In Puerto Rico we always have an excuse to celebrate. I believe we are the number one country in the world with the most holidays in the calendar. We not only commemorate our own, but cheerfully adopt other countries’ festivities.
My Puerto Rican friend Maryse is married to a German and recently moved from New York City to Puerto Rico, so they decided to celebrate Oktoberfest with a family day in the center and highest mountains of the island in the city of Jayuya at her godmother’s farm. You know you haven’t seen it all when you glance at a German peeling green plantains and making tostones in Jayuya!
It was a Saturday morning on the third weekend of September 2011 when along with another family, we headed from San Juan to the farm in a rented van with chauffeur. We thought this was the responsible thing to do since the family day included the children and driving back with generous amounts of beer in your system and kids in tow down the treacherous mountains of our central ridge just don’t mix.
It took us about two hours to get there. Our hosts had gone above and beyond our expectations! The gazebo was beautifully decorated with the typical turquoise and white colors of the Bavaria region and we enjoyed cold german beer. All the beer mugs had a different color ribbon (mine was purple, my favorite!) as you can see in my pictures, to avoid confusion, although whenever possible, I always prefer labeling with my name since I will probably forget my color after a couple of beers, but hopefully not my name. Ja!!! Just kidding… Everything was just perfect!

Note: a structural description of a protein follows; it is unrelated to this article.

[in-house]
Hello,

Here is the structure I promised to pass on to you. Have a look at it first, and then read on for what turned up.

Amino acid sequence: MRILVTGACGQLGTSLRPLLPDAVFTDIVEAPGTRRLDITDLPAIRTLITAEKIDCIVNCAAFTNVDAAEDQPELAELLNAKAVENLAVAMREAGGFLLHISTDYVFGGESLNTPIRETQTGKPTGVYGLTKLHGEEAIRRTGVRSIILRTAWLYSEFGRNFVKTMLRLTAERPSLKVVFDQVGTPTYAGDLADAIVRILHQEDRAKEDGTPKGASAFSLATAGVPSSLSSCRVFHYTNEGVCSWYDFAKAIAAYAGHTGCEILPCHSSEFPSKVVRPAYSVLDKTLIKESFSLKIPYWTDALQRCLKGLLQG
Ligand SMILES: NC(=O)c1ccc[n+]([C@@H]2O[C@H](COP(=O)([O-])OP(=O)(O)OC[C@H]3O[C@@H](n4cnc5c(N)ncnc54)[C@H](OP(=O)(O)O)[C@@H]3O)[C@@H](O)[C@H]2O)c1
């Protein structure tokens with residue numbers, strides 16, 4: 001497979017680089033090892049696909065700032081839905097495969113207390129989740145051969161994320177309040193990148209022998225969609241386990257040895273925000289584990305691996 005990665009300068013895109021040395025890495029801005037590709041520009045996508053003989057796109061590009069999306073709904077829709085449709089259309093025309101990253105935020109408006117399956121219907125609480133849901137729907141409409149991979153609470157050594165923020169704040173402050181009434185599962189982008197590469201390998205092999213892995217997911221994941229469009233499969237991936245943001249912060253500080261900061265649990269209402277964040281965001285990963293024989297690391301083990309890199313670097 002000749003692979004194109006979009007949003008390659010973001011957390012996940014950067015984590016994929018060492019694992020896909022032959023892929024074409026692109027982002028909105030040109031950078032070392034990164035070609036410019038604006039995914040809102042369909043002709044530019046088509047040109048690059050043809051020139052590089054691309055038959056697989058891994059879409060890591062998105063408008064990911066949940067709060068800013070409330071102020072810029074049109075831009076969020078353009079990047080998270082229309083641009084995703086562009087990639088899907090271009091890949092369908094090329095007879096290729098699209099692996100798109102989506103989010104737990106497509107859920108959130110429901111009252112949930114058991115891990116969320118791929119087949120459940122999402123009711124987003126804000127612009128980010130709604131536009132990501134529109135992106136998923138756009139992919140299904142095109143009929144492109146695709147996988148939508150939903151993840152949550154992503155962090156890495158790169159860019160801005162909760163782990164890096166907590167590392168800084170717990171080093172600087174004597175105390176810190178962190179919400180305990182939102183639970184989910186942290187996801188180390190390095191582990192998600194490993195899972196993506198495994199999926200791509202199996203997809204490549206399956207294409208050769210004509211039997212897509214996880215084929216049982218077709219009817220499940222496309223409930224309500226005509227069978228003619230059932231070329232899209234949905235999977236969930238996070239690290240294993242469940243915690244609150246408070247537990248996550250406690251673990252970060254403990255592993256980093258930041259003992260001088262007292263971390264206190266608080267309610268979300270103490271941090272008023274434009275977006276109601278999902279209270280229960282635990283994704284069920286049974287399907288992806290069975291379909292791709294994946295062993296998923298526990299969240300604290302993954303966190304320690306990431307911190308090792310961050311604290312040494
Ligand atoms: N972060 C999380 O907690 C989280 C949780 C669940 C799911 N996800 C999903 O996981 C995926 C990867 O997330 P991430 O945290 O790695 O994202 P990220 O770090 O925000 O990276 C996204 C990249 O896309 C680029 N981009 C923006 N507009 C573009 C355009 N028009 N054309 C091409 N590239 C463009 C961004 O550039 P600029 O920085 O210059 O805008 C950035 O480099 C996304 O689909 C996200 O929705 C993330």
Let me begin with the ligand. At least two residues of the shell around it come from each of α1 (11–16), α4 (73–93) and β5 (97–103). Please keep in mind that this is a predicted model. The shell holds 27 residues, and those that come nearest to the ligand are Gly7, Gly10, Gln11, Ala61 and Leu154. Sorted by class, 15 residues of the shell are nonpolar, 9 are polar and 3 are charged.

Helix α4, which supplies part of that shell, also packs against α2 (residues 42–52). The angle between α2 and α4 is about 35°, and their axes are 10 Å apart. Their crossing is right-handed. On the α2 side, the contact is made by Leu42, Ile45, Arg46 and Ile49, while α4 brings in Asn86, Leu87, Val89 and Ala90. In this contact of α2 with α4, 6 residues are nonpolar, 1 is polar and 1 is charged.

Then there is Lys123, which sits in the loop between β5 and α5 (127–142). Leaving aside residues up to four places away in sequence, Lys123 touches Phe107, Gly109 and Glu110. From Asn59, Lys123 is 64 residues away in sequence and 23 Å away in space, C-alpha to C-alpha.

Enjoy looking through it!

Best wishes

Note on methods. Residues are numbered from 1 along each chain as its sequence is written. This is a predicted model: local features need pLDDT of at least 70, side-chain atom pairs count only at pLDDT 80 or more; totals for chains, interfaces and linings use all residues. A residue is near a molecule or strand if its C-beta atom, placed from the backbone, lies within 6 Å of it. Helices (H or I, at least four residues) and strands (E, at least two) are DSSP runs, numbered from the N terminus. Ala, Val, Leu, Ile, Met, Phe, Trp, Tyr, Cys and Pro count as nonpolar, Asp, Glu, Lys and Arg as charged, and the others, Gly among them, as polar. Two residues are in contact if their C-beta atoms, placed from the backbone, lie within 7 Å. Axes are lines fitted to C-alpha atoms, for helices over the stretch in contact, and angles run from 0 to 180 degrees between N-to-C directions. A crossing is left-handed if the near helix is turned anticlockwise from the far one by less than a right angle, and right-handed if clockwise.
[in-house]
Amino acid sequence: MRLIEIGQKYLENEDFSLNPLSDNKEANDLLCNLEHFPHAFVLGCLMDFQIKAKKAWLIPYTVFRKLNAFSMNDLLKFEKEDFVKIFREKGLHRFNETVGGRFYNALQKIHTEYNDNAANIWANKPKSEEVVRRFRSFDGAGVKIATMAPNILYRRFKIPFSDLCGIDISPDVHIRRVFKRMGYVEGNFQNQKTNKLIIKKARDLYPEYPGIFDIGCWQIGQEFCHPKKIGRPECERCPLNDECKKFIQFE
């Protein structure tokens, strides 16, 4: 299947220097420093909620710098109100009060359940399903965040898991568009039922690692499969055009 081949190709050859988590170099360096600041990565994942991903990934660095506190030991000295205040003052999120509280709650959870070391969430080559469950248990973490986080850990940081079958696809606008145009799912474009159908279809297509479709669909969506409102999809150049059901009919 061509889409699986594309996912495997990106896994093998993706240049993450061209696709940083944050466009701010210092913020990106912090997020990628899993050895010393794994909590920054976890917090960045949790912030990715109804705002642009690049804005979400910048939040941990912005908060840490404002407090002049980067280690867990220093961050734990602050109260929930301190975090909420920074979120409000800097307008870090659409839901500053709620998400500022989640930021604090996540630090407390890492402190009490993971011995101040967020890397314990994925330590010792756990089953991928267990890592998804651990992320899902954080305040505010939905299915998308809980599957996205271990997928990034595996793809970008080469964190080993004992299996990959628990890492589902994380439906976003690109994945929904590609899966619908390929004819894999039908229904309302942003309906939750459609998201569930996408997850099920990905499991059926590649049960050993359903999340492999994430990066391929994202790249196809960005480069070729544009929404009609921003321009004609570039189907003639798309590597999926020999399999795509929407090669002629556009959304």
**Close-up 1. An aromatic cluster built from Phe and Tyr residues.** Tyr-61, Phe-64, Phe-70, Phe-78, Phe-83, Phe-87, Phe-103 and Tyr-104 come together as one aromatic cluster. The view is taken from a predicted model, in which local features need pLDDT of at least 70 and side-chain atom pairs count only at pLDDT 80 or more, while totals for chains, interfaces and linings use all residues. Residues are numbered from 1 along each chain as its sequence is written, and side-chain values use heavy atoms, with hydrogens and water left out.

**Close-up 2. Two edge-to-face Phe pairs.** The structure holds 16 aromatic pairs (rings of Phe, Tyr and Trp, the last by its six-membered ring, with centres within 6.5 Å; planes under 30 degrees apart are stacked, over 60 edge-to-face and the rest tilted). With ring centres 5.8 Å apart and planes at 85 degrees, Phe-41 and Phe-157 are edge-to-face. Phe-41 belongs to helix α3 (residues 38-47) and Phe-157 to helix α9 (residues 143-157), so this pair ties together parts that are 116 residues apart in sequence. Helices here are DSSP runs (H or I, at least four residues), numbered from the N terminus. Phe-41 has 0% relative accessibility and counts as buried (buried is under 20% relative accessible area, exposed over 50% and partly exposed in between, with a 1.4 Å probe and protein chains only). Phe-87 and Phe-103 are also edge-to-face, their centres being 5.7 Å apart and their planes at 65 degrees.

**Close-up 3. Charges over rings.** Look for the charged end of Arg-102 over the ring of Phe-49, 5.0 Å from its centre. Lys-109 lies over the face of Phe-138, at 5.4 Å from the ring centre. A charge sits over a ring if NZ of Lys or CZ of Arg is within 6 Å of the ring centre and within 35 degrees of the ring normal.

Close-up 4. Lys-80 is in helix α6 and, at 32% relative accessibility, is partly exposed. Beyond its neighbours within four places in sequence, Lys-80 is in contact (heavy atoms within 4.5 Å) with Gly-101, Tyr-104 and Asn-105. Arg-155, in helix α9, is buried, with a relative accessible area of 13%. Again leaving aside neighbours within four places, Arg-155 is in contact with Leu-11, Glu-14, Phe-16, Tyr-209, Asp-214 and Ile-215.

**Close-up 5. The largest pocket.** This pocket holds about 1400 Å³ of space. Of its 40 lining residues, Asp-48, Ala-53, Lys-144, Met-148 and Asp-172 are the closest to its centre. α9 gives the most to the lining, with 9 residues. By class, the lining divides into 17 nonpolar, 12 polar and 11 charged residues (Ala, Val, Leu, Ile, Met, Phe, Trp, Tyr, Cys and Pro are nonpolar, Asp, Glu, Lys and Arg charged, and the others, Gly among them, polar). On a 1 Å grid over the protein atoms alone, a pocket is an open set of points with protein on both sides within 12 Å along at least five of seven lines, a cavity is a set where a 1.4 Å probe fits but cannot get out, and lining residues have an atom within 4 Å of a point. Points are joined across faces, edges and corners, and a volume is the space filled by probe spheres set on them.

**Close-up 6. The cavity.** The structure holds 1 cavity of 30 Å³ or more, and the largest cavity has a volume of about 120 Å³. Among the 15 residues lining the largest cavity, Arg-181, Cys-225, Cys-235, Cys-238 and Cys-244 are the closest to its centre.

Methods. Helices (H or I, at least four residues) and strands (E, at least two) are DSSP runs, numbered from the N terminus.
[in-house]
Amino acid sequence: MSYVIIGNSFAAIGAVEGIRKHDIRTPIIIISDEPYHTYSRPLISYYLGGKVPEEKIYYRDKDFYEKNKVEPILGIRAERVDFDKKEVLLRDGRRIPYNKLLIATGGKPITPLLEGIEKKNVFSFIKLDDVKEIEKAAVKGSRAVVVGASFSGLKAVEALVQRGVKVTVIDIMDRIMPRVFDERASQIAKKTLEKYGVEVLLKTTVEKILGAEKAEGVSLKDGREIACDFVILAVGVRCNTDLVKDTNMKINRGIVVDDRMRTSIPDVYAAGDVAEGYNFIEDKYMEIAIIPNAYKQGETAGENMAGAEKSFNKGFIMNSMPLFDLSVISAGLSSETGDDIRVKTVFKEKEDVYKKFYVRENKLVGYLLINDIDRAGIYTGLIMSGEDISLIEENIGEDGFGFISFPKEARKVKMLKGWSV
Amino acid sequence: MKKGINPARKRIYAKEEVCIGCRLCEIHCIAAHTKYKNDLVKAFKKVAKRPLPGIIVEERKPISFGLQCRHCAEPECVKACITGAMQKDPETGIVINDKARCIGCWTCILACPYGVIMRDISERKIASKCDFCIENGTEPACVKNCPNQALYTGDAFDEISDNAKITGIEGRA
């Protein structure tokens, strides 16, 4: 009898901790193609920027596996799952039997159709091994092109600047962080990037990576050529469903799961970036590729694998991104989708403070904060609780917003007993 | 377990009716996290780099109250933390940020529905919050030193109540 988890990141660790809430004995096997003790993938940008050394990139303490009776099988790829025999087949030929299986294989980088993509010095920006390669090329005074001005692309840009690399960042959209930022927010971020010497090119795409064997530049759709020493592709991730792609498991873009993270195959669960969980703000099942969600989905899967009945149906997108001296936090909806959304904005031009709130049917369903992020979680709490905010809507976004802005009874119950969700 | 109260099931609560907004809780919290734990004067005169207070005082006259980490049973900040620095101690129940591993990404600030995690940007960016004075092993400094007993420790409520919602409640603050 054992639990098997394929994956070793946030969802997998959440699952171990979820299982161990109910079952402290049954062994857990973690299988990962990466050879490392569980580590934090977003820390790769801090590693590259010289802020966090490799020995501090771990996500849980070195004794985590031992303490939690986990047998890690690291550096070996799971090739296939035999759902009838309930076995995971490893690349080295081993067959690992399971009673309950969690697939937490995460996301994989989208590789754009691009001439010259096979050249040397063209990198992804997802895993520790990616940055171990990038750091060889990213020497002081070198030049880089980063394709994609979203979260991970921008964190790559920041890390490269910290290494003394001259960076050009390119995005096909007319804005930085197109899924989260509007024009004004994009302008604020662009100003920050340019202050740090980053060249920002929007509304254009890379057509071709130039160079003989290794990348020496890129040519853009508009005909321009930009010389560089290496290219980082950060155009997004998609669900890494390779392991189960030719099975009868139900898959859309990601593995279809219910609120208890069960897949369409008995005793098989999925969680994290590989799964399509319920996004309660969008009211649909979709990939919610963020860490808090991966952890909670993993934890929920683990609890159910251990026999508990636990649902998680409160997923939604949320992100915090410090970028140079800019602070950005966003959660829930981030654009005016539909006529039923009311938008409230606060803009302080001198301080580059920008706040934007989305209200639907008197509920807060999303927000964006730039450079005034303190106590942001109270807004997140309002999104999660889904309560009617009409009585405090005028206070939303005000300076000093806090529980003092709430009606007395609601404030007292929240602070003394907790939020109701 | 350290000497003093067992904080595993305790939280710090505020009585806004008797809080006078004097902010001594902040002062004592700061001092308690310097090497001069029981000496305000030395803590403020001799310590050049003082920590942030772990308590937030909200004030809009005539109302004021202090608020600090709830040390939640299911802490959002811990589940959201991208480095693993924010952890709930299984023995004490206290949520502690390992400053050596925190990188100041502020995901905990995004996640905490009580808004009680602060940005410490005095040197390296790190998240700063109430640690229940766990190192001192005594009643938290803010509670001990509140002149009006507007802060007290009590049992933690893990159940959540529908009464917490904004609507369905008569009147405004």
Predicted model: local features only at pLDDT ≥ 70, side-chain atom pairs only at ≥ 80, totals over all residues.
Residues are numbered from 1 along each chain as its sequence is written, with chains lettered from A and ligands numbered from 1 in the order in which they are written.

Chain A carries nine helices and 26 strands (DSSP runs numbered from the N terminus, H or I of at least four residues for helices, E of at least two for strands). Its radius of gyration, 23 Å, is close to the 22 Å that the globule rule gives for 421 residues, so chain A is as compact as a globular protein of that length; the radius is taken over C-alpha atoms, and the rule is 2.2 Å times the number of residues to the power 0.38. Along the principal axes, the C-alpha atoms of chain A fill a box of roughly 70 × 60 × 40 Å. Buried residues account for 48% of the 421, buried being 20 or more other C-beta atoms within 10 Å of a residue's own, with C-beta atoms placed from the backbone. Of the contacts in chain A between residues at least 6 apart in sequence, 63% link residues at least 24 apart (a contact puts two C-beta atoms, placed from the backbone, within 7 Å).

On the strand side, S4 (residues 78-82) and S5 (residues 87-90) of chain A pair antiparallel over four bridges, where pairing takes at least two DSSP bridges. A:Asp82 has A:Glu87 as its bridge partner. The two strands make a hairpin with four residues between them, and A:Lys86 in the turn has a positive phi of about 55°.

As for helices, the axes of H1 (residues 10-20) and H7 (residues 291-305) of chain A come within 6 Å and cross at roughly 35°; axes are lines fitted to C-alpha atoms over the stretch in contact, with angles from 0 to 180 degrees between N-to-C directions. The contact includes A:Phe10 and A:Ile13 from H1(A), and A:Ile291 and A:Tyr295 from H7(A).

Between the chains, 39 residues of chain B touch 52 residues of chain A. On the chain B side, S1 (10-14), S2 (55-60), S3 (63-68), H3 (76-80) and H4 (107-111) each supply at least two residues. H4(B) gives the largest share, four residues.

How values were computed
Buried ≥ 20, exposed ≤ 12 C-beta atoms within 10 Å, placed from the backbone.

I truly felt as if I was at the top of the world. We could literally touch the clouds at almost 4,400 feet altitude above sea level. From the hill top we could clearly see the Atlantic Ocean and were surrounded by arabica coffee plants and plantain trees, from which Jörg made the aforementioned tostones. My kids had the time of their lives, even going down mud slides. In addition, our friend Carmen R. took all the children on a tour around the farm where they picked Tahiti lemons, oranges, coffee beans and leaves from the Cupey tree. Among other things, the boys played soccer, hide and seek and the girls “rearranged” the flower pots in each table. To leave the noise of busy San Juan, computers and tv and enjoy a day full of such natural abundance was liberating. Without a doubt a relaxing and comforting day for everyone. Great company, amazing setting…
However, not only the setting was incredible, the food was too!!! I was pleasantly surprised to hear Maryse had made all the food. She created a selection of dishes from different parts of Germany, Austria and Switzerland which surround the Bavaria region. My favorites where the Spätzle with vegetables, the Swedish Meatballs and the Apple Strudel. She was kind enough to share with me, and now with you, the recipe she used to make the succulent Apple Strudel which is from the 2012 Michelin awarded Austrian Chef Kurt Gutenbrunner from Wallsé Restaurant in New York City, one of her favorite restaurants. He also has Café Sabarsky, Blaue Gans, The Upholstery Store and Café Kristall in NYC as well. This recipe will make 4-5 Apple Strudel logs so unless you have a gathering, like we had at Oktoberfest- Jayuya (We ate them all! As a matter of fact, I alone ate half a log throughout the day!!!! Guilty!), you will have to give some to the neighbors, take to work and/or send to your child’s school teacher. I happen to think is a great alternative for a Thanksgiving dinner, served warm with a side of vanilla or dulce de leche ice cream. YUM!